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Grandparents Find Hope in a Bill That Would Make it Easier to Seek Visitation Rights

In Texas, the custody statute does not provide statutory factors for a court to determine proper custody. Conditions for grandparent visitation rights include a determination that one of the child's parents is deceased, incompetent, incarcerated, or has had his or her parental rights terminated. Visitation may also be awarded if the parents are divorced, the child has been abused or neglected, the child has been adjudicated a delinquent or in need of supervision, or the child has lived with the grandparent for at least six. Adoption cuts off the visitation rights of the grandparent unless the adoption is granted to a step-parent.

On March 7, 2019, we posted a blog explaining the Supreme Court case that was a key element in defining what states can and cannot do as regards the issue of grandparents rights with respect to their grandchildren. This is what we said:

"On June 5, 2000, the United States Supreme Court handed down a seminal ruling as regards the complex issue of grandparents rights. In the case of Troxel v. Granville, the court struck down a Washington state law that allowed any third party (i.e. grandparents, etc.) to petition state courts for child visitation rights over parental objections. The Court held that "the interest of parents in the care, custody and control of their children-is perhaps the oldest of the fundamental liberty interests recognized by this Court." That fundamental right is implicated in grandparent visitation cases, and as such, it struck down the Washington visitation statute because it unconstitutionally infringed on the right."

In Texas, the custody statute does not provide statutory factors for a court to determine proper custody. Conditions for grandparent visitation rights include a determination that one of the child's parents is deceased, incompetent, incarcerated, or has had his or her parental rights terminated.  Visitation may also be awarded if the parents are divorced, the child has been abused or neglected, the child has been adjudicated a delinquent or in need of supervision, or the child has lived with the grandparent for at least six months. Adoption cuts off the visitation rights of the grandparent unless the adoption is granted to a step-parent.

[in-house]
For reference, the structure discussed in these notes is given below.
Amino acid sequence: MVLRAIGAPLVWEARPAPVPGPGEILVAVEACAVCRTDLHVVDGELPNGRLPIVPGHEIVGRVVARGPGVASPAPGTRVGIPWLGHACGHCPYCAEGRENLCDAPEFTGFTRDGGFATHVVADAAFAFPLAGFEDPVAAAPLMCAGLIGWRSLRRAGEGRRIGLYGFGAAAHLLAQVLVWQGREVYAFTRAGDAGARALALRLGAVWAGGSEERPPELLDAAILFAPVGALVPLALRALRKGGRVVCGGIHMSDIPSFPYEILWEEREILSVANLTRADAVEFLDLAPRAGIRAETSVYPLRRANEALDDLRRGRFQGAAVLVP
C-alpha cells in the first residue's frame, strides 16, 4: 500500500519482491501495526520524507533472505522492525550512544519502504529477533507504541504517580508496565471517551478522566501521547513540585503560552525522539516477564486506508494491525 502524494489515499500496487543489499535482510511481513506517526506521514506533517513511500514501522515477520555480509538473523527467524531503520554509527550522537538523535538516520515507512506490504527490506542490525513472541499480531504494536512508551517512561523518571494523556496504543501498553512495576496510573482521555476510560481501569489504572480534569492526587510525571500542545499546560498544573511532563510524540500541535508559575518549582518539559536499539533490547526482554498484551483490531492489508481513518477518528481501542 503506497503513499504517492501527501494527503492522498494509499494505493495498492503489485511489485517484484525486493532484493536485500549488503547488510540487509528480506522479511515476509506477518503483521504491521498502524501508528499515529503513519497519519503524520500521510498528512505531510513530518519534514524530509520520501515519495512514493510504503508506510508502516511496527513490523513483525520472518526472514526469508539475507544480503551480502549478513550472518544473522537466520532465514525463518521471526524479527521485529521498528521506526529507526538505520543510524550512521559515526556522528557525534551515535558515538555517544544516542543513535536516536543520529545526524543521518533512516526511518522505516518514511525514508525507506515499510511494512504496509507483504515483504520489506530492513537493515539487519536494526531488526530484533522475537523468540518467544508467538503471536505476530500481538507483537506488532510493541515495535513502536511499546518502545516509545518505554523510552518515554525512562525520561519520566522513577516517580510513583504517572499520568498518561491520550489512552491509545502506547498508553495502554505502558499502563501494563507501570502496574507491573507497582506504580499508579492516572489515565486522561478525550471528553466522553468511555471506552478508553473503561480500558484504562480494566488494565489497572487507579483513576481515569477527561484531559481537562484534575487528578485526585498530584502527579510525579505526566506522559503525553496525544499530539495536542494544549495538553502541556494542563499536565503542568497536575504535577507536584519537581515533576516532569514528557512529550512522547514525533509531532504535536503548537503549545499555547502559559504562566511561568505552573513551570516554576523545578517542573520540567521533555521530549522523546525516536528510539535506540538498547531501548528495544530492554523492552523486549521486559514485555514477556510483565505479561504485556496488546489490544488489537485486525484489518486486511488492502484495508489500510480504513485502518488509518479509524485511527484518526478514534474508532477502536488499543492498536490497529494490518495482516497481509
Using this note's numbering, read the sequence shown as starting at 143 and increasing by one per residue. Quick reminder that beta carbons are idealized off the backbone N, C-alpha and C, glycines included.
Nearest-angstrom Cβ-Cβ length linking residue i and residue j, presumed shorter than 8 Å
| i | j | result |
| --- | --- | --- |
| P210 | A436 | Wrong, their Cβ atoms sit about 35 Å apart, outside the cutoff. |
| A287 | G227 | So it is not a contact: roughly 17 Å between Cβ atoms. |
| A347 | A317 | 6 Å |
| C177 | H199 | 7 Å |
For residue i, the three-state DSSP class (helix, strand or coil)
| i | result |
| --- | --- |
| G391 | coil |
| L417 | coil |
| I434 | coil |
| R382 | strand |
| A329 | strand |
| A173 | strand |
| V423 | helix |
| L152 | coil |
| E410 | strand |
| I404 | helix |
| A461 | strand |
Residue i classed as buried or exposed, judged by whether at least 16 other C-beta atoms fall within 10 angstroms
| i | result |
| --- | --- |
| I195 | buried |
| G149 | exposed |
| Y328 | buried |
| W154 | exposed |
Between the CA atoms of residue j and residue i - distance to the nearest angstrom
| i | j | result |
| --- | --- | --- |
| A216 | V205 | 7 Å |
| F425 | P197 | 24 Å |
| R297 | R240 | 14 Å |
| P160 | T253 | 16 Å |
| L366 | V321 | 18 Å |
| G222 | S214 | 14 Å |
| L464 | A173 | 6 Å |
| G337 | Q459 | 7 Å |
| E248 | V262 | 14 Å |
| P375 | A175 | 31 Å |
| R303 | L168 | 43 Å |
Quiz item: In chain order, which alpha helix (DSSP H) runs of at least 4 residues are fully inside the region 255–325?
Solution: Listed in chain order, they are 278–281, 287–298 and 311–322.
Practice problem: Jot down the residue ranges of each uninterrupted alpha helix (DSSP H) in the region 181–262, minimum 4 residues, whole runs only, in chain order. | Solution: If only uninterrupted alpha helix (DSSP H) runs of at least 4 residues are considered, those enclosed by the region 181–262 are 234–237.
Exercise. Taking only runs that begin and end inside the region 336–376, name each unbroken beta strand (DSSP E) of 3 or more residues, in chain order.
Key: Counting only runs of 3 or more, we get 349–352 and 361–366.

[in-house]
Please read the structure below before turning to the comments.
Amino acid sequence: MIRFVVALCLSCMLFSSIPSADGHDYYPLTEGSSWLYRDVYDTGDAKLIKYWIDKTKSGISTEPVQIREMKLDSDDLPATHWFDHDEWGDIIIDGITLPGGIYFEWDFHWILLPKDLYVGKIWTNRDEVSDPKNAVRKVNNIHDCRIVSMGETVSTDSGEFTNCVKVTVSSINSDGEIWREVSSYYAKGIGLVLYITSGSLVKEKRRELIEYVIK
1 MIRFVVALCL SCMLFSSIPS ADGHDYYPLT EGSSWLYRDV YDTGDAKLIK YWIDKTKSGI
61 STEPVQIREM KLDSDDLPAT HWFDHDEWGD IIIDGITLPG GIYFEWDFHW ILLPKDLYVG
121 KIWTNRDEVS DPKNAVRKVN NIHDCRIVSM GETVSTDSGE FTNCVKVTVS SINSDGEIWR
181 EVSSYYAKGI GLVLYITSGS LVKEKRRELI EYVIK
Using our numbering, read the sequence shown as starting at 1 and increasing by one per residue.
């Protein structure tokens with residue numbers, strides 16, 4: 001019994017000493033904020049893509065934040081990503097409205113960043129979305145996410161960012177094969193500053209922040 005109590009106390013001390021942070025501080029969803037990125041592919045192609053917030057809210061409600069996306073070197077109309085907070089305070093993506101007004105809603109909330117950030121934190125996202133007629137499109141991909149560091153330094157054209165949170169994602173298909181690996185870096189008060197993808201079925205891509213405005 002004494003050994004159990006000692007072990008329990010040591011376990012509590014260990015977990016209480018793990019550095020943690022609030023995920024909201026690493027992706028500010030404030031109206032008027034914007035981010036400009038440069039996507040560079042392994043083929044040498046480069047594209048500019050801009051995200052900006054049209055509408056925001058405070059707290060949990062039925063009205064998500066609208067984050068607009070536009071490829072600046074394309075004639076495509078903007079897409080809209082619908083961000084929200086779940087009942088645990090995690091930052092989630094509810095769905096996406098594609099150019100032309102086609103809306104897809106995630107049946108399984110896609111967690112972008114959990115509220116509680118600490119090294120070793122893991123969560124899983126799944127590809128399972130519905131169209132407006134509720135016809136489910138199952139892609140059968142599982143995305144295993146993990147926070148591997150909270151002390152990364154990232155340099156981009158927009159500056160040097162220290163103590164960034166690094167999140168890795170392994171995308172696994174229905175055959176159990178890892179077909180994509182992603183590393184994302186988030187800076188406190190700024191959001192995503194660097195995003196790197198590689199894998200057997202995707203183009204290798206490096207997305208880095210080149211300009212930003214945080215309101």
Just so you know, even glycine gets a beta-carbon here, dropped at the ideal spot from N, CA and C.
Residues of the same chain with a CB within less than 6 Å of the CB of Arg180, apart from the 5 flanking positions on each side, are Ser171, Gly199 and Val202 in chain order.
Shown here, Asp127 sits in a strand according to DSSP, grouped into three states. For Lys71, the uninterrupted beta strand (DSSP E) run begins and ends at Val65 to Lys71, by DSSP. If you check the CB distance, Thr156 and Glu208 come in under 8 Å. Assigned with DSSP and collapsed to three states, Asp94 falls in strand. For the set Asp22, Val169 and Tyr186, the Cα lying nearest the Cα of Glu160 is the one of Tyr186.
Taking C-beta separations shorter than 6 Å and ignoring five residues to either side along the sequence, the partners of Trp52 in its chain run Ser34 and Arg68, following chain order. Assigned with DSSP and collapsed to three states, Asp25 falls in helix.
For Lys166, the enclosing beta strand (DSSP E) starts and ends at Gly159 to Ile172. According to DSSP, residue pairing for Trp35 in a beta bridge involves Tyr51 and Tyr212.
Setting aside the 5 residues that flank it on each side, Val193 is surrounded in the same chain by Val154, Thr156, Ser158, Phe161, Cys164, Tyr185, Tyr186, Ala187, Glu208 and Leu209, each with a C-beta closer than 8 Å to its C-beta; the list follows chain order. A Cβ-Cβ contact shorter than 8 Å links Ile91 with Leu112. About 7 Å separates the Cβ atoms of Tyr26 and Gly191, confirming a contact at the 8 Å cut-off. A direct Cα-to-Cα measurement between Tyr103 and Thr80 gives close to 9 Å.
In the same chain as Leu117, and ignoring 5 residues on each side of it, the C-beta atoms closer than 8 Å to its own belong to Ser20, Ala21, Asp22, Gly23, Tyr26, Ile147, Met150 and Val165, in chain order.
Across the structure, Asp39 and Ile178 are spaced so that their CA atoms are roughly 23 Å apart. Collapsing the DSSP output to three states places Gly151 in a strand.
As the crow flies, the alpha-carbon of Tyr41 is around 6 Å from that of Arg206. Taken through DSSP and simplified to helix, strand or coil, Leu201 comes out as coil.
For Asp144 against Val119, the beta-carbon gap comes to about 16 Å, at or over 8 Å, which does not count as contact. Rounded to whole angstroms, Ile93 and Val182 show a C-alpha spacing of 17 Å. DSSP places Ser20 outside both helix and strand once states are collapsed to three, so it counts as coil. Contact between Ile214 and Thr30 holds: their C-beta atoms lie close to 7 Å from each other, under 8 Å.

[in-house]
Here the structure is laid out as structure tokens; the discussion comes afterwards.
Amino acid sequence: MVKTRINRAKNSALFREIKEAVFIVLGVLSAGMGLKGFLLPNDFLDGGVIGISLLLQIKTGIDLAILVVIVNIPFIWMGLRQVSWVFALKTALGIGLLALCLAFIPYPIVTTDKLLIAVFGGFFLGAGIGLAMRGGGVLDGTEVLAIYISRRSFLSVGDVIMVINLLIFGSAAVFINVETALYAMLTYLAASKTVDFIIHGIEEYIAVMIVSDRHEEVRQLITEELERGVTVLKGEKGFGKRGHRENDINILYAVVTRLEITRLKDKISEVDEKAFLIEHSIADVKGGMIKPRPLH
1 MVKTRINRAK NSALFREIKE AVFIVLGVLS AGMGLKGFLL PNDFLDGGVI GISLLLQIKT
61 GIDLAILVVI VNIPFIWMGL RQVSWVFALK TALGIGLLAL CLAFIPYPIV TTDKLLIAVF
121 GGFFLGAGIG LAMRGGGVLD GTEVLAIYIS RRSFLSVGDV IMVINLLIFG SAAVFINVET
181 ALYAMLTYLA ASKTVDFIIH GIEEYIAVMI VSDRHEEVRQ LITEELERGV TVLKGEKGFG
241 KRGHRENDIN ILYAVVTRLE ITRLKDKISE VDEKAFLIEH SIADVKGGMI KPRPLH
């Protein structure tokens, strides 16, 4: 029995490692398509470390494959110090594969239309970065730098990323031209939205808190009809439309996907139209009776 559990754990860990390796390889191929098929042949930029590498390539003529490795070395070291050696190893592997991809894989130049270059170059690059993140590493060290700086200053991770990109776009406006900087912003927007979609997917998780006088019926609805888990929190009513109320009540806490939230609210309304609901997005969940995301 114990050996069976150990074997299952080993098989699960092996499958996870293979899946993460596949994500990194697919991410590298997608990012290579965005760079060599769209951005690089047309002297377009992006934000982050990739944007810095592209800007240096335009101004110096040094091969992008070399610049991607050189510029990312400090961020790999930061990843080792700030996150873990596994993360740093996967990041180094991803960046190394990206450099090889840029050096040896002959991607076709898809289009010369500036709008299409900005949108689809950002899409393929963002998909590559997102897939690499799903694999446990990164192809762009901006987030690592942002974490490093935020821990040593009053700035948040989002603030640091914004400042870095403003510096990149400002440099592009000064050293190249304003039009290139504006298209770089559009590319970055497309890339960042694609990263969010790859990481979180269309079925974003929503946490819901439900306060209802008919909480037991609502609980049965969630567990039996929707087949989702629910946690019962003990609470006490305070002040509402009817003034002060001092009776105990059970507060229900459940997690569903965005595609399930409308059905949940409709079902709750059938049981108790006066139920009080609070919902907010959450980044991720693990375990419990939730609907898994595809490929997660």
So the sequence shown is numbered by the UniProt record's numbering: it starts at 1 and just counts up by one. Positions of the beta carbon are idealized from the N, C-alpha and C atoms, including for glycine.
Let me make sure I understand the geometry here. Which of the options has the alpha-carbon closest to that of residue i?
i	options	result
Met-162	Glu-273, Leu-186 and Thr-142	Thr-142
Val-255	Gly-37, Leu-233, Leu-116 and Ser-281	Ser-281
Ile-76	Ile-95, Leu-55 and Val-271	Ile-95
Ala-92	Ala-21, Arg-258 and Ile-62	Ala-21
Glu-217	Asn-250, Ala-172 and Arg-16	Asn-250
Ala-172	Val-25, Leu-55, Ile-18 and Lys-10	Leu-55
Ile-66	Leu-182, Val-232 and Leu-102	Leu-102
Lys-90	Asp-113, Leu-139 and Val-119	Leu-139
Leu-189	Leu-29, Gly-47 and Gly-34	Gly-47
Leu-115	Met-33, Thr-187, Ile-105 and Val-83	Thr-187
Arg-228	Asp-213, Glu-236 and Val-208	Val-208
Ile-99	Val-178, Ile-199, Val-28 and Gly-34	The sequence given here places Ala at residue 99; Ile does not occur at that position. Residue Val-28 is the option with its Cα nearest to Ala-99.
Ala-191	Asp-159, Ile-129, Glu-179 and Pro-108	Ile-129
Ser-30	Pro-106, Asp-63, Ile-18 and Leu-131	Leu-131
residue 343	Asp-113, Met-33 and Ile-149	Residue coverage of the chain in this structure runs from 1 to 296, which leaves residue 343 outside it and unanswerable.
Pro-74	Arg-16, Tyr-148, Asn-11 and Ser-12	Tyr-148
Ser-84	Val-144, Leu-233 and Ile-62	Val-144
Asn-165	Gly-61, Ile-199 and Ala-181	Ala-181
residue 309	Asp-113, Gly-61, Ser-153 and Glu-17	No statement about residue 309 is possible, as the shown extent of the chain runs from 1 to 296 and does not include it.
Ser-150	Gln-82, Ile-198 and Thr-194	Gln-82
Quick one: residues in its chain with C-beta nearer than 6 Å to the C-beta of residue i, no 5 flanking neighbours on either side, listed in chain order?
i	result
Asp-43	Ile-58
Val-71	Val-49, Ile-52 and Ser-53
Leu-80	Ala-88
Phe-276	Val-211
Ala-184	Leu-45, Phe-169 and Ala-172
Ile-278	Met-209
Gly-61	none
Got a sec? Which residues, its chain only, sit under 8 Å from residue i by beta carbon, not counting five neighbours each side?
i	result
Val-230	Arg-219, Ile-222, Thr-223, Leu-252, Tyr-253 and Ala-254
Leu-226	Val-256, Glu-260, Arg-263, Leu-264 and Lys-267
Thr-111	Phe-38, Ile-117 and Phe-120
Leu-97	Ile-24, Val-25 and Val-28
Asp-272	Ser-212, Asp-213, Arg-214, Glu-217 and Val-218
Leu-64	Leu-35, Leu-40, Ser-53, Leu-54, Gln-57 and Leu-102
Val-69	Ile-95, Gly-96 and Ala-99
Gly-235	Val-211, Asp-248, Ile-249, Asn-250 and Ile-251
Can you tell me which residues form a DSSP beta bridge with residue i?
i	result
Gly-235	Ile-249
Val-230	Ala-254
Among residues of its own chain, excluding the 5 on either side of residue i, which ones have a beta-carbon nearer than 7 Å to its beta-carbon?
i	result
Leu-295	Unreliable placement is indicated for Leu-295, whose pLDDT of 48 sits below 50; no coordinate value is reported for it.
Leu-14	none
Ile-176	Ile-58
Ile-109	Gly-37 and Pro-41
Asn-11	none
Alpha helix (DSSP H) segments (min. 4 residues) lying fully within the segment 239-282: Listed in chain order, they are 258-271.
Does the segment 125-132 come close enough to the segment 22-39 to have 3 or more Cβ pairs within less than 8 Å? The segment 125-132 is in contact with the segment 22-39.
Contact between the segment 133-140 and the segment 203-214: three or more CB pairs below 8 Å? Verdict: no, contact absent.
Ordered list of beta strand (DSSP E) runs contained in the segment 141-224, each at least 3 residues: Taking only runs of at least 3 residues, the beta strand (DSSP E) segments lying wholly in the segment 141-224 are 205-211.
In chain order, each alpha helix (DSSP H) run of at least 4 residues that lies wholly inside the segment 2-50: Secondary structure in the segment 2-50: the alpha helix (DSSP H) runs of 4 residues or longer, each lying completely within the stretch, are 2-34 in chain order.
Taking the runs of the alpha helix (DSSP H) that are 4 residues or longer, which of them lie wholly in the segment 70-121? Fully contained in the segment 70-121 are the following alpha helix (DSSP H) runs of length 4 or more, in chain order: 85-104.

During the 2019 Texas legislative session, State Representative Harold Dutton, Jr., introduced House Bill 575 which, if enacted into law, could help some Texas grandparents spend more time with their grandchildren, even if the parents are divorced. The bill lowers the legal standards for in-laws to obtain access to, or even possession of, the family's children. The bill also say that one of the child's parents doesn't have to be dead, locked up, incompetent or estranged for a grandparent to seek visitation.

Supporters of the bill contend while the bill helps grandparents potentially gain more access to grandchildren, it still maintains significant protections for parents.

Opponents of the bill say that by lowering the legal standards for grandparents it opens to door for many more families to be sued by grandparents, even, for example, estranged grandparents may gain access to grandchildren over their parent's objections. Opponents also fear grandparents with significant financial resources can outspend and outlast the other grandparents, relatives and even parents.

Finally, this issue will only get more complicated in the future. While divorce as a whole has been on the decline for many years, senior divorce is growing dramatically. We can foresee the possibility of previous married grandparents perhaps individually competing for access, or even possession, with their ex-spouses.

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